Towards evening the journey drew to a close, and I witnessed another of those strange contrasts which are so characteristic of Mexican travel. One moment we were passing through what seemed to be a wild country without a habitation in sight; then suddenly electric lights shone out along the roads and a city appeared. It was half-past six, and we had reached Oaxaca.

The journey had been very trying, for the heat had been almost unbearable until the sun went down, and the dust came through the windows in perfect clouds. These discomforts are, of course, experienced to a much less extent by those fortunate tourists who can charter a special train composed of Pullman cars. Travelling in this way, they can escape a good deal of the dust, have iced drinks to cool their parched throats, and cover the distance far more quickly than in the ordinary train. Many of the large excursion parties that come down from the United States during the winter months travel in this, the proper, way to “do” Mexico. Rather a strong constitution is required to enjoy such a trip as that from Puebla to Oaxaca in an ordinary train. At the same time one must needs feel grateful to the railway company, when comparing the present with the past; for it is not so many years ago that people who travelled to Oaxaca were obliged to make the journey in jolting stage-coaches over terrible roads. Nor is the railway company responsible for the discomforts of travel, which are mostly due to climatic conditions.

It is of interest to add that the Mexican Southern Rail-way, which connects Puebla with Oaxaca, is owned by an English company and was opened in 1893. The company received a bonus of ten million dollars from the Mexican government, and if it had not received this subsidy it is certain that the line could not have paid its way. There are so few places of any importance between the two terminal points that the receipts must be very small. But it has opened up a rich agricultural and mineral district in the Valley of Oaxaca, and it will probably develop into a profitable property in the future.

A mule-car takes passengers from the railway station in the outskirts of Oaxaca to the centre of the city in ten minutes. I got into one of the cars and made the trip through the narrow streets. The houses along the way were much lower than those at Puebla, being mostly of one story; they were of the same flat-roofed style, but every-thing seemed to be on a much more primitive scale. As in Puebla also the streets had a wide central gutter and were paved with cobble-stones. On the way the car passed a little market-place where Indians squatted beside their wares, their “pitches” lighted with flickering oil lamps. It was Christmas week, and large numbers of these dark-skinned, blanketed folk had come in from the country to do their shopping. There were many of them in the streets walking, sitting along the curb, hanging about the street corners and passing in and out of the drinking places.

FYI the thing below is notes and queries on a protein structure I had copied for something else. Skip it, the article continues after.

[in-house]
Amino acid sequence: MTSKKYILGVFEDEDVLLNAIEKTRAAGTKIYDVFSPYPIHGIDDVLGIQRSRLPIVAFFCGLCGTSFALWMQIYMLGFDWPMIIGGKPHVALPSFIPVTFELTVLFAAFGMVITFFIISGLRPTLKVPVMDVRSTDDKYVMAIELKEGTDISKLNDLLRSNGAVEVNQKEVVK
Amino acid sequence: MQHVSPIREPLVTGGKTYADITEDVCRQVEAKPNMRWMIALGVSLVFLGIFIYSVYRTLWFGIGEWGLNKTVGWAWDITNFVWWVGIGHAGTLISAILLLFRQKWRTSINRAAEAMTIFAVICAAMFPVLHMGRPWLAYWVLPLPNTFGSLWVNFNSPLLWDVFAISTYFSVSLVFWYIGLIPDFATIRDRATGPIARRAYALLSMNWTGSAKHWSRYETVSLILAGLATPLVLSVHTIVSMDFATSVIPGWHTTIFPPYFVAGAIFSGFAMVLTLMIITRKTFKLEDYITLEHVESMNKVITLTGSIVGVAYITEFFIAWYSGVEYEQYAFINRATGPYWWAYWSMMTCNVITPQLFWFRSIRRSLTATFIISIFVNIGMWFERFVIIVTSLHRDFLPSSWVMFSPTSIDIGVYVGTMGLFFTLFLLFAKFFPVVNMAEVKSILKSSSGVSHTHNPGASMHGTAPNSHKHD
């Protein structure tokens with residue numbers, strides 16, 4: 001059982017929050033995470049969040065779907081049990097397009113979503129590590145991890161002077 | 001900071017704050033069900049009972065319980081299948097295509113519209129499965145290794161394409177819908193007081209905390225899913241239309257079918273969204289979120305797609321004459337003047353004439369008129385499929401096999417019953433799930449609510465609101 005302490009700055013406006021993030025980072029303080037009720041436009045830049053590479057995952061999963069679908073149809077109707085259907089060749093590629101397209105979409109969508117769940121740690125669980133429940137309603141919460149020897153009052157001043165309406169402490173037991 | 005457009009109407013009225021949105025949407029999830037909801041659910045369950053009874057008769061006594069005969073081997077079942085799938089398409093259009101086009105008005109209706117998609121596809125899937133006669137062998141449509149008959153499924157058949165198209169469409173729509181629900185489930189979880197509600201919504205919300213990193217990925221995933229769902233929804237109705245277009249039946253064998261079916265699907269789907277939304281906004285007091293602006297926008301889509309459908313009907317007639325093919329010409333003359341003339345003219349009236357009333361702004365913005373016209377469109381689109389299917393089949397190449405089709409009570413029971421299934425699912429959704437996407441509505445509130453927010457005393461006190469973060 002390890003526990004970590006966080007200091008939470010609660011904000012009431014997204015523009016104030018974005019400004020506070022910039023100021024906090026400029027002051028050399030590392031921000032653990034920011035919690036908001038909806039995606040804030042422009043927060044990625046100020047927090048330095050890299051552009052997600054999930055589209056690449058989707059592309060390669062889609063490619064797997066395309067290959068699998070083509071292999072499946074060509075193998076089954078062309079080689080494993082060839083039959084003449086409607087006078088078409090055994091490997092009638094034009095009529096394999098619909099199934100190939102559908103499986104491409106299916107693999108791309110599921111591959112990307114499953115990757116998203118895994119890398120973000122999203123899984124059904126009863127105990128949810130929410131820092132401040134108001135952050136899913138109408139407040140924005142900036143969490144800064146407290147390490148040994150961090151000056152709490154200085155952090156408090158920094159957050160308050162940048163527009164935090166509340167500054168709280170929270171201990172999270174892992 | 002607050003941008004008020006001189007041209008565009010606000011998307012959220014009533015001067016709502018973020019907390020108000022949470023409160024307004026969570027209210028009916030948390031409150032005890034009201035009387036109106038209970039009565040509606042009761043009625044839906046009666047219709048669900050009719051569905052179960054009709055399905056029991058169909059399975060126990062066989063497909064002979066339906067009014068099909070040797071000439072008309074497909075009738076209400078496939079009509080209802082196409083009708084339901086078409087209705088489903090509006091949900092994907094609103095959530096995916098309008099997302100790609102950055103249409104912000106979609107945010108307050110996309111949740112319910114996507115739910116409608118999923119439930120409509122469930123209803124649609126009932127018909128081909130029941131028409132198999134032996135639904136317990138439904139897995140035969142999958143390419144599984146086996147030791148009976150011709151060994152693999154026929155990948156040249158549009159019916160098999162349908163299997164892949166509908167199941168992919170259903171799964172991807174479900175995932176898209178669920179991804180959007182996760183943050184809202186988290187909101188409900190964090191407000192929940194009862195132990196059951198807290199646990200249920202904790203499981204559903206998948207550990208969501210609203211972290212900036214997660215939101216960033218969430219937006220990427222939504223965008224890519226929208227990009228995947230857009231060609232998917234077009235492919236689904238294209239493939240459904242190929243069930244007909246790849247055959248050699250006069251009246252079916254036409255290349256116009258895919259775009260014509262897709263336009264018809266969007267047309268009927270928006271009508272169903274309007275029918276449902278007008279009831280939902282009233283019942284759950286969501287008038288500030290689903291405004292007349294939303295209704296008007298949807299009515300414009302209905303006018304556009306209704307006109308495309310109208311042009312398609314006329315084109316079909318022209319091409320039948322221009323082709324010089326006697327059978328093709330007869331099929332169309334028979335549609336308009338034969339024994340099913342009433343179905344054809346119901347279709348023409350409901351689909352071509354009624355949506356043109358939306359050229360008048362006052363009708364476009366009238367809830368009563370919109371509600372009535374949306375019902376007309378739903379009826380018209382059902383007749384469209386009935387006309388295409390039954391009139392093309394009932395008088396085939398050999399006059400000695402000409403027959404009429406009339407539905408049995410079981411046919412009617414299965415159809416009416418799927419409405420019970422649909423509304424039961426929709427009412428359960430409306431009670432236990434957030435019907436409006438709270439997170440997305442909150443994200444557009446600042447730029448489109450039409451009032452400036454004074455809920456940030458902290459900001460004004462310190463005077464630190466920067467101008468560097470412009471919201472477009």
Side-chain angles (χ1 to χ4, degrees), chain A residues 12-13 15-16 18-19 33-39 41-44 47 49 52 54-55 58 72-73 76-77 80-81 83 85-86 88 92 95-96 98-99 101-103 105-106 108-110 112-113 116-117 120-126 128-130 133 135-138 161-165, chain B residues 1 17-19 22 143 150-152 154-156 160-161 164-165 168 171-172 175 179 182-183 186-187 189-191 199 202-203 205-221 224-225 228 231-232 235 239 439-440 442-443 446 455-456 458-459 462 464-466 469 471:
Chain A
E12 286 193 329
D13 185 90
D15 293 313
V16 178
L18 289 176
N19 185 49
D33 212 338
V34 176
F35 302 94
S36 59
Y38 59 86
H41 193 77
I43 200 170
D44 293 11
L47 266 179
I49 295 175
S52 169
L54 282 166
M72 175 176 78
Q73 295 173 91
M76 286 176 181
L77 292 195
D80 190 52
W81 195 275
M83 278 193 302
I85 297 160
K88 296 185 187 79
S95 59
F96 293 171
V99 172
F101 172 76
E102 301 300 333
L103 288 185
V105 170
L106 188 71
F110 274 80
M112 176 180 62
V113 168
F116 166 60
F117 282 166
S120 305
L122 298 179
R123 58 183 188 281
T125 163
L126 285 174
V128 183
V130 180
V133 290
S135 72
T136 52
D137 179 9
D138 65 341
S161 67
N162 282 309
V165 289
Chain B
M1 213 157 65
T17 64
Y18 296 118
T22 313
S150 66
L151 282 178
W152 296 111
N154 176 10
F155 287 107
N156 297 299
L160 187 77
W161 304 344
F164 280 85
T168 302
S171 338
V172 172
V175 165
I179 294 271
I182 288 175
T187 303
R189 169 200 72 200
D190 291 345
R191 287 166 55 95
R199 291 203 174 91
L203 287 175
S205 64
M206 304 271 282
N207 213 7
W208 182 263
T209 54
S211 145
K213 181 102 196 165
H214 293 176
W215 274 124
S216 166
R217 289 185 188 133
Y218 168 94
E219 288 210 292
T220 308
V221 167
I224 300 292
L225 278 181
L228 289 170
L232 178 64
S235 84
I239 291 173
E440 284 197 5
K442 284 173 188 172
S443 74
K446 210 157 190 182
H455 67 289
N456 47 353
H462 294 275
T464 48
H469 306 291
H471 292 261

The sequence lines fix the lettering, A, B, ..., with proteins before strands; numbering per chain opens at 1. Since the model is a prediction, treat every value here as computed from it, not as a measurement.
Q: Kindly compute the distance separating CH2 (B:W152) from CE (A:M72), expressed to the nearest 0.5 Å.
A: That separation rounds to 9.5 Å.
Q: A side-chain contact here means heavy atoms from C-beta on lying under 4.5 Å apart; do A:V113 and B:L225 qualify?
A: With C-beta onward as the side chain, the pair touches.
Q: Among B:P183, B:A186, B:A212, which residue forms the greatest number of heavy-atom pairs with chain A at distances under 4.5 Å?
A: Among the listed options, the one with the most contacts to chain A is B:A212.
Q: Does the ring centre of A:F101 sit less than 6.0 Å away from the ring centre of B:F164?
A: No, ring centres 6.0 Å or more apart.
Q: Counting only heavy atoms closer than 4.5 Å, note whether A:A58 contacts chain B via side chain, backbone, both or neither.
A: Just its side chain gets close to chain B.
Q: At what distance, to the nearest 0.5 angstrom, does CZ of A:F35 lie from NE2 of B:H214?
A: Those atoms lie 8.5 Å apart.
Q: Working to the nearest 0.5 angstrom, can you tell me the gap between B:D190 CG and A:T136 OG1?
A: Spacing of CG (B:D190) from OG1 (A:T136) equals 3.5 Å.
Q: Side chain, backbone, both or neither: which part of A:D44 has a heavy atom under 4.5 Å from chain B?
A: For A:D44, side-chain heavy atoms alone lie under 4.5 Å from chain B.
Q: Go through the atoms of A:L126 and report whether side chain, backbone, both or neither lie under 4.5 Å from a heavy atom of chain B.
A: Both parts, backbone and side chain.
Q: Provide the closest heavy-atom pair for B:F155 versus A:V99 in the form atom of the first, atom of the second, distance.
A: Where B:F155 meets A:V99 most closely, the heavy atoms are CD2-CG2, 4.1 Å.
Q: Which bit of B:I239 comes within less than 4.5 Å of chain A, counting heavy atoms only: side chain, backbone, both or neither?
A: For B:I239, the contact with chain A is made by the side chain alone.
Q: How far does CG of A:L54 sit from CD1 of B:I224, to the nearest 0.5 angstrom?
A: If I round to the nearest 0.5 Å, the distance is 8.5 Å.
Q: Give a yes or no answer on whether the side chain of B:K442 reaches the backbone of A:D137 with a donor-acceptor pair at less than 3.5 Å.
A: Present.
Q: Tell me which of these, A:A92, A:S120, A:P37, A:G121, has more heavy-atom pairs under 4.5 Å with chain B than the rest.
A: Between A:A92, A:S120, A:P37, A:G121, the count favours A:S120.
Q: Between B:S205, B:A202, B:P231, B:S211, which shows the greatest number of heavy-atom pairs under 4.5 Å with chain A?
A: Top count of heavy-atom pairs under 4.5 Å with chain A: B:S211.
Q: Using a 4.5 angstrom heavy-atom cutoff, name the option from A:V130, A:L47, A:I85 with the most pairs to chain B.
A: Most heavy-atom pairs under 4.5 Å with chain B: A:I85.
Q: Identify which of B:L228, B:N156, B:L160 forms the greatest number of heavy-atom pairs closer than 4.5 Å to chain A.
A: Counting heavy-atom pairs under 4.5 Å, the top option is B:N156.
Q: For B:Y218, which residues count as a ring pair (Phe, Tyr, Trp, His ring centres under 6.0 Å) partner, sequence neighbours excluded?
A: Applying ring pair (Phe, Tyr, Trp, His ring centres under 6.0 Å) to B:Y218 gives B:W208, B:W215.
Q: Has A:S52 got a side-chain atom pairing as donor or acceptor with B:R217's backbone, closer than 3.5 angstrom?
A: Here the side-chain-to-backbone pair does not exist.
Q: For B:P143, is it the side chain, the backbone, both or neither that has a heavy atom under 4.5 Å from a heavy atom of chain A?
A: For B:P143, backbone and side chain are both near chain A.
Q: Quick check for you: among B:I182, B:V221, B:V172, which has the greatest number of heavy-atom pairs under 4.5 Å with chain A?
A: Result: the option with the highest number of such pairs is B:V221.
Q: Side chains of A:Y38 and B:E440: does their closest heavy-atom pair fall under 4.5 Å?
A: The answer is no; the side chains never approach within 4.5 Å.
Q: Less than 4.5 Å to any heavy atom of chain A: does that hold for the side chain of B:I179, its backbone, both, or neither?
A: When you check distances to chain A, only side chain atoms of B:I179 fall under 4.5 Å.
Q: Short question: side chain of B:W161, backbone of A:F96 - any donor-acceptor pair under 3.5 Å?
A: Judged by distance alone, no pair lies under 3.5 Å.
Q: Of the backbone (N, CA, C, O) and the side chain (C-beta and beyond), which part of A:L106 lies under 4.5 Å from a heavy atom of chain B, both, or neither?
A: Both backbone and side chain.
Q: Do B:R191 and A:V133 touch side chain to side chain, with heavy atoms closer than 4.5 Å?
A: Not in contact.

The car stopped at a large plaza in which stands the cathedral and several public buildings; and not far distant was a hotel where I found quarters. It was the usual Spanish mansion, partly rebuilt and changed into a hotel, rather crudely furnished and conducted in a slightly wild-western fashion. Several mining men—Western Americans — were staying here, some alone and some with their families. Among these Americans was one of a type rather too common in Mexico. He spent his time loafing about the place discussing “schemes” and mines with anybody who would talk with him, posing as a mining expert. By some of his friends he was called “Professor .” His wife — such is the faith of womankind — seemed to regard him as a great genius. Some time afterwards, while talking with a mine-owner of the district, an American, I happened to mention the professor as a mining authority. The mining man shook his head dubiously. “I never heard of the professor,” he said. When I told him that I referred to the man at the hotel, and mentioned his name, he ex-claimed, ” Well, well, calls himself a mining expert, does he ? Why, he used to be my carpenter, and a d—d bad carpenter too.”

I took my evening meal in the hotel dining-room, a rather unattractive apartment paved with tiles and furnished with the usual small tables and hard wooden chairs. Two Indian criadors (waitresses) who served the guests were swarthy and black-eyed, had long plaits of hair hanging down their backs and wore the popular speckled-blue dress and rebosa. They were picturesque but unkempt. An American mining man sat at my table and I chatted with him. One of the waitresses sauntered up and some pleasantries in Spanish passed between them. The bold criador playfully tapped him on the head with a plate, he made a movement as if to snatch it, and she went off giggling. “You have to jolly ’em along to get good vittles in this place,” he said to me, half apologetically; seeing that I was shocked at such goings-on. A Chinaman, who acted as both cook and waiter, took a hand at waiting occasionally, cracking jokes with the criadors in Spanish with a Chinese accent. It was all very amusing.